America’s favorite astrophysicist, who splits his time between running a planetarium and hosting a TV science talk show, shares how he learned to be media-savvy, what he makes of the anti-science Trump Administration and why he remains optimistic about the future.
“When the universe flinches, I get a call,” cracks Dr. Neil deGrasse Tyson, the astrophysicist who splits his time between serving as the director of the Hayden Planetarium, a staple of the American Museum of Natural History in New York, and as the host of National Geographic’s popular TV program StarTalk, a science-centric talk show. As we sit down in Tyson’s office high above the Museum to record an episode of The Hollywood Reporter‘s ‘Awards Chatter’ podcast, the 58-year-old husband and father of two reflects on what long has driven him outside of its confines. “While there are people who know they like science,” he says, “what do you do about the people who don’t know they like science or the people who know they don’t like science? Who’s feeding them?”
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Tyson, a native New Yorker, first “became starstruck” at his “local planetarium” — the very one that he now runs — when he was just nine. Looking skywards there piqued his “interest in the universe” and sparked many return visits to independently explore and take classes. As he progressed through school, he was neither nerd nor jock, but an unusual amalgam of both: strong but not outstanding student, physics club member, wrestling team captain, martial arts practitioner, dancer, troublemaker and all-around outlier. He ultimately applied to a number of top universities, and seriously considered attending Cornell, particularly after visiting the campus as a prospective student and spending a Saturday with professor Carl Sagan, a brilliant academic who also made science accessible to the masses in much the same way that Tyson subsequently has. Tyson ultimately opted to go to Harvard, but not before making himself a promise: “I said, ‘If I’m ever as famous as Carl Sagan, I’m gonna be sensitive to the needs and requests and ambitions of the next generation of students, just as he was with me.”
After graduating from Harvard, Tyson went to the University of Texas at Austin to do post-grad work (during which he briefly contemplated becoming a stripper on the side to supplement his stipend) and then transferred to Columbia to finish his PhD (he spoke candidly at his convocation about how hard it had been to pursue his path as a black man). He did his post-doc at Princeton, attracting some controversy in 2000 by declaring that Pluto isn’t actually a planet six years before that became widely accepted. (“Hate mail started coming in from third graders,” he recalls with a chuckle). And then, in 1996, he was hired as the director of the Hayden, which was being rebuilt into a $250 million state-of-the-art facility. It was in that capacity that he first began to be approached on a regular basis by the media for comment on stories about science. The way in which one early interview was edited for TV taught him a valuable lesson, he says: “They don’t want my professorial reply; they want a soundbite. They want to come to me for something that fits in their universe. And so I said to myself, ‘Let me work on the soundbite.'”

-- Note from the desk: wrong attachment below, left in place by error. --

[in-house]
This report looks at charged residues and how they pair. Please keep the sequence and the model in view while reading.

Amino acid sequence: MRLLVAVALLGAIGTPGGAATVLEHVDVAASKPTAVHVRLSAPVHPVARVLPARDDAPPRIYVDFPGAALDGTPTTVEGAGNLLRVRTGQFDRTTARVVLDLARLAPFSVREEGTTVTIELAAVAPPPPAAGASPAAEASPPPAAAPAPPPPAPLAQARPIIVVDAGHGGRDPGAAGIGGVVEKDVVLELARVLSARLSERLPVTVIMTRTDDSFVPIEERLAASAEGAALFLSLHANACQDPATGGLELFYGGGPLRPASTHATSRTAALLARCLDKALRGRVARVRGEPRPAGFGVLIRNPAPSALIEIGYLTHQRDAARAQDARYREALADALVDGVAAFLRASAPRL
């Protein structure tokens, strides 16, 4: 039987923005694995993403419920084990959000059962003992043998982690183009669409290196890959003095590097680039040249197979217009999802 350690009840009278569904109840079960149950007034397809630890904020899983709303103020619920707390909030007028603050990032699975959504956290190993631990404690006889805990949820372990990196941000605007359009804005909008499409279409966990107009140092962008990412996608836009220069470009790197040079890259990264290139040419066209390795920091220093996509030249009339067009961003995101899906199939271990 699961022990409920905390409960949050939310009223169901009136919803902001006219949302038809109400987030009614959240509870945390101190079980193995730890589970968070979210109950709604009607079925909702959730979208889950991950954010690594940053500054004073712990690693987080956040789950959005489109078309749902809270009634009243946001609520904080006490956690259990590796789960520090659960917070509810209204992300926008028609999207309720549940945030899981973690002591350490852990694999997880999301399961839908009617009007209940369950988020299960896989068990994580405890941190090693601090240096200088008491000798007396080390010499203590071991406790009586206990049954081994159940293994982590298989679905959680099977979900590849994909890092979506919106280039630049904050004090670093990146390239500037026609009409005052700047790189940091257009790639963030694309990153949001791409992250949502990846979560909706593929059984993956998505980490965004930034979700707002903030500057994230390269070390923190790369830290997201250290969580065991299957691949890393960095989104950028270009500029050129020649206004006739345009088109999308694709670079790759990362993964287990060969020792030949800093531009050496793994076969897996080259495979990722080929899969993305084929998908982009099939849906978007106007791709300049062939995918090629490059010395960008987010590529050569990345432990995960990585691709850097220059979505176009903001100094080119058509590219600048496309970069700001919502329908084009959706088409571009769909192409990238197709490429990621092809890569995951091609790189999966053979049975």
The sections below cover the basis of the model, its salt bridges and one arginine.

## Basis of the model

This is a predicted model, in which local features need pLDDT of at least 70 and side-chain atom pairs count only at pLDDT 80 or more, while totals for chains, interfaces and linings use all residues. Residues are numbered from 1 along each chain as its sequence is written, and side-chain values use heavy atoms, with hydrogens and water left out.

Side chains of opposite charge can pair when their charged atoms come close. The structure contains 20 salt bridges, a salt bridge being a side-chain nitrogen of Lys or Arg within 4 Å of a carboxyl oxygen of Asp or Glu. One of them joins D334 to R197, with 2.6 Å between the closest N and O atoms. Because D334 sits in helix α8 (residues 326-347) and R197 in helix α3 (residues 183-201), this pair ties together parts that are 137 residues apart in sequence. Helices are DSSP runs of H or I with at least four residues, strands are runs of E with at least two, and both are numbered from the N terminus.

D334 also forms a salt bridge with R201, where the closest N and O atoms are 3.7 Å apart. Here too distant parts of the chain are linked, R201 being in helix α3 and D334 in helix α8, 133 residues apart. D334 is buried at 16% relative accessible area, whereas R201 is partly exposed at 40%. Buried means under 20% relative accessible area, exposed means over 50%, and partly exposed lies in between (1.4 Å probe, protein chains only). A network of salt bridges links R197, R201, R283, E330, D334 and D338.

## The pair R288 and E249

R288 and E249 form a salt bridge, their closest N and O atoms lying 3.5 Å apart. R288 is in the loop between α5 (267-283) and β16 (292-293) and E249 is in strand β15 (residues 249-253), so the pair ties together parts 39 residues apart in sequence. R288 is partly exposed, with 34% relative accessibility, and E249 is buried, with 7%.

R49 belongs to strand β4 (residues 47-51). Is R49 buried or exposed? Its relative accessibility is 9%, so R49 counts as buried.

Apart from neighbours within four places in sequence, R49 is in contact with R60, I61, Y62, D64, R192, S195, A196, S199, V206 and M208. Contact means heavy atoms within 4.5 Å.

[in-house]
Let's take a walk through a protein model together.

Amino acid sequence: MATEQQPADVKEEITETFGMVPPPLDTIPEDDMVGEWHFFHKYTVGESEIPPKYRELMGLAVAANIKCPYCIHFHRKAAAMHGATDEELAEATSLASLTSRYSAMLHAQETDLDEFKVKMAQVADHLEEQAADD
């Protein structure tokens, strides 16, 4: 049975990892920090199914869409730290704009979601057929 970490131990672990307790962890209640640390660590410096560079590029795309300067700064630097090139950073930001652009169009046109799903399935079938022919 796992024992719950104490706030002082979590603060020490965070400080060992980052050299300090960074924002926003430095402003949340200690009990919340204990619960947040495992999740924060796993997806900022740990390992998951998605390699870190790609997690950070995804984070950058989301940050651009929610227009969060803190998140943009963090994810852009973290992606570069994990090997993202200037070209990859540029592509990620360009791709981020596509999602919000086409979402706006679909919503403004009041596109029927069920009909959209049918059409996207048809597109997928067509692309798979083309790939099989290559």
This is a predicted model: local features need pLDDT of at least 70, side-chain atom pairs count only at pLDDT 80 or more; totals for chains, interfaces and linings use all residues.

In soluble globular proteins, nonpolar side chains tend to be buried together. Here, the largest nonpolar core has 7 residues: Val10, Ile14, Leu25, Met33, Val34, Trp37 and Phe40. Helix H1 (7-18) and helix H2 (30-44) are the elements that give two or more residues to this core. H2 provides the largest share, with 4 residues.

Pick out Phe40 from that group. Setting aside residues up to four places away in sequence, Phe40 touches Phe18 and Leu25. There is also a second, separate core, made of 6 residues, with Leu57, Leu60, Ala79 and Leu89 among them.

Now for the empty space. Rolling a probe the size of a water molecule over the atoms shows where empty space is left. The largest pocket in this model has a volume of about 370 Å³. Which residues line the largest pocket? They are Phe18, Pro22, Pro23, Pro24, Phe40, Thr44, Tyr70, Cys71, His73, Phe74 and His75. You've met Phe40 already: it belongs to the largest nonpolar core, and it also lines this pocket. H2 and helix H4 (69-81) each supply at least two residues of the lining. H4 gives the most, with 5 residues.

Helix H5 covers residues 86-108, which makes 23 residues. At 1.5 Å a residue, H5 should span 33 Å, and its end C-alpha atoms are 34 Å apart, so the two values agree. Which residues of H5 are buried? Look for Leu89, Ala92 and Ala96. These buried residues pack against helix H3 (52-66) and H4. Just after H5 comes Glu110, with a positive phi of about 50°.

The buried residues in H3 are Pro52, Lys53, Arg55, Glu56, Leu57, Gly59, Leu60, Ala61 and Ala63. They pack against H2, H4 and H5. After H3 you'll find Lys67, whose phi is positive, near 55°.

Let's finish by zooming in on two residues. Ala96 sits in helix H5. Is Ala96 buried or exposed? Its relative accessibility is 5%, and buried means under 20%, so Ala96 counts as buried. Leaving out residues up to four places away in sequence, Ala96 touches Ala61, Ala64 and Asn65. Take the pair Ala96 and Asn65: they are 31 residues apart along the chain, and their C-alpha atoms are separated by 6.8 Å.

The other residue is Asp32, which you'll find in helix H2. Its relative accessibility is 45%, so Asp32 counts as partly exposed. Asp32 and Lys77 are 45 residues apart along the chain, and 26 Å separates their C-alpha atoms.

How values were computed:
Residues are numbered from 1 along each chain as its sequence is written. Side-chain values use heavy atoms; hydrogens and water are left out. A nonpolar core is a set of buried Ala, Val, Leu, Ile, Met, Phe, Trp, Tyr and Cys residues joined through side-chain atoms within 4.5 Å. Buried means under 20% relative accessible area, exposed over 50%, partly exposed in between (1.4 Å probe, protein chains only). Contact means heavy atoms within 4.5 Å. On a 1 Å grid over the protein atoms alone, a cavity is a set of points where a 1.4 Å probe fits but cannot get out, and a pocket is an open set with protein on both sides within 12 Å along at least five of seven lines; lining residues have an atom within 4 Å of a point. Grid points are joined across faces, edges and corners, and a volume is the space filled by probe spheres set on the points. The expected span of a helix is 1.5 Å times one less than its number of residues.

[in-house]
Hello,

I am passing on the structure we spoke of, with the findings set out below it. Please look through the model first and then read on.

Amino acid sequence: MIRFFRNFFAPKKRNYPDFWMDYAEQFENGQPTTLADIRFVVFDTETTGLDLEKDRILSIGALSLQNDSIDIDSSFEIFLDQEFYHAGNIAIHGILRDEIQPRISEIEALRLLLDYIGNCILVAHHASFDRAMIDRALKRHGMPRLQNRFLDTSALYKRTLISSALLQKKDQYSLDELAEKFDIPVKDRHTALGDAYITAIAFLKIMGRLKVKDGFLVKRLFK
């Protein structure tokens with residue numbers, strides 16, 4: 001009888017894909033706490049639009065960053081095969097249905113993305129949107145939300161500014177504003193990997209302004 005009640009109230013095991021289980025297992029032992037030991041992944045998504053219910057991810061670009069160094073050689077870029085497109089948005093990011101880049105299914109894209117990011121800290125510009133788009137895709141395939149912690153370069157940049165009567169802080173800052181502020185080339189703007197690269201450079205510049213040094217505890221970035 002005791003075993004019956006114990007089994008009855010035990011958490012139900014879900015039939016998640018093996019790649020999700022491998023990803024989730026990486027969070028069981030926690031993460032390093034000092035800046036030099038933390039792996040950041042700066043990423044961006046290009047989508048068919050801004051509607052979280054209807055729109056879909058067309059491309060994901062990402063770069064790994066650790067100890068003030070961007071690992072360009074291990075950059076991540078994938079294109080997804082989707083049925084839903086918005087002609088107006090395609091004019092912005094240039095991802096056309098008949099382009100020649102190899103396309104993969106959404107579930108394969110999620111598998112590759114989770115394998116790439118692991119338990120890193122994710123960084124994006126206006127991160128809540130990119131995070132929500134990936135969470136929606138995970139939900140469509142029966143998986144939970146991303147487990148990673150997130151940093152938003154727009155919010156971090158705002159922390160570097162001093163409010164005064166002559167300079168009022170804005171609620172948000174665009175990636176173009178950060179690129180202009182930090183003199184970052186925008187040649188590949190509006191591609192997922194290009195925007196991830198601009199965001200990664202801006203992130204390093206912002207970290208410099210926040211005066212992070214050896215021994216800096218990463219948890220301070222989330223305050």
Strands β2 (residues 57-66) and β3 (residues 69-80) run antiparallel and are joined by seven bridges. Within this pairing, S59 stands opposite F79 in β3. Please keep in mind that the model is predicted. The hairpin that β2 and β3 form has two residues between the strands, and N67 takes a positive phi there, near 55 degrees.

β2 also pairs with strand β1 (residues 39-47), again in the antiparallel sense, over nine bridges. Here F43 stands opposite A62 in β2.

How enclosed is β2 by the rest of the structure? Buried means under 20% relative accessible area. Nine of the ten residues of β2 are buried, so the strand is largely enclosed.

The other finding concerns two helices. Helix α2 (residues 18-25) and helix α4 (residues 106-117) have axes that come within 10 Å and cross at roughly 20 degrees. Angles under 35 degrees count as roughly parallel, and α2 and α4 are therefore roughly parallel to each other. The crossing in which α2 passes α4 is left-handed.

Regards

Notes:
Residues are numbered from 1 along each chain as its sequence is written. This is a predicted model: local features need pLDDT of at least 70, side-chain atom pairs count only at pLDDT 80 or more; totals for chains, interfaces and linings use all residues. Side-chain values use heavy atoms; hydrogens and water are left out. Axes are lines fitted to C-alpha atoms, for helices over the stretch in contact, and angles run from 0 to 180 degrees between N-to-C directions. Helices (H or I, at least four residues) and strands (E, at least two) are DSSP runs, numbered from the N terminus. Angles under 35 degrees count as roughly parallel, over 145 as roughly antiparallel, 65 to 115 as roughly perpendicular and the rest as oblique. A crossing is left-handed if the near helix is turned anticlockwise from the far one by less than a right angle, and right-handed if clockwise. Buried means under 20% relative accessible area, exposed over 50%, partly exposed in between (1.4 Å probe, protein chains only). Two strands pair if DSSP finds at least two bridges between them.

In addition to performing his duties at the Hayden, conducting academic research and writing books, Tyson became an increasingly sought-after “talking head” on TV shows broadcast nationwide. He was hired to host PBS’s Nova (2004-2010) and Nova ScienceNOW (2005-2011) educational programs and Fox’s 2014 reboot of Cosmos, the landmark science series that Sagan had hosted 34 years earlier. And, in 2009, he created and began hosting StarTalk, a talk show about science which has existed since then as a radio show and/or a podcast and/or a TV show (it began airing on National Geographic in 2015), using celebrity guests to lure people to conversations about science. For Tyson, the common objective of all of these pursuits — and his colorful use of Twitter, on which he has more than seven million followers — has been to make science accessible and appealing to everyone. He has long believed that there is a massive number of “blue-collar intellectuals” who want to know more about the universe. And he has served their needs — so well, in fact, that he’s now a four-time Emmy nominee. (He was nominated in 2014 for Cosmos, in the category of outstanding documentary or nonfiction series; in 2015 for Hubble’s Cosmic Journey, in the category of outstanding narrator; and in 2015 and 2016 for StarTalk, in the category of outstanding informational series or special. He is widely tipped to land a fifth Emmy nom this summer, once again for StarTalk.)
While famously amiable and gregarious when discussing science, Tyson becomes a bit more guarded when discussing opinions. “My opinions should be irrelevant to you,” he says when asked if it is incumbent upon scientists to set aside evenhandedness and speak up to rally the public against the anti-science attitudes of the Trump Administration. “I will not tell you who to vote for,” he continues. “But if you deny climate change, you are in denial of emergent scientific truths, period. I don’t care what your political party is. You’re in denial of science, okay?” He’s also careful about the words he uses to describe the role of faith in his life. He confirms that he does not adhere to a religion, but does not accept the label ‘atheist,’ since he feels it has come to be used to describe things that do not apply to him. What is abundantly clear is that he places his greatest faith in the future. “30 and under, from my view, is the most scientifically-literate demographic there ever was,” he says. “I can’t wait ’til [they[ take charge, because that’s gonna be a new world.”
Source: awards holly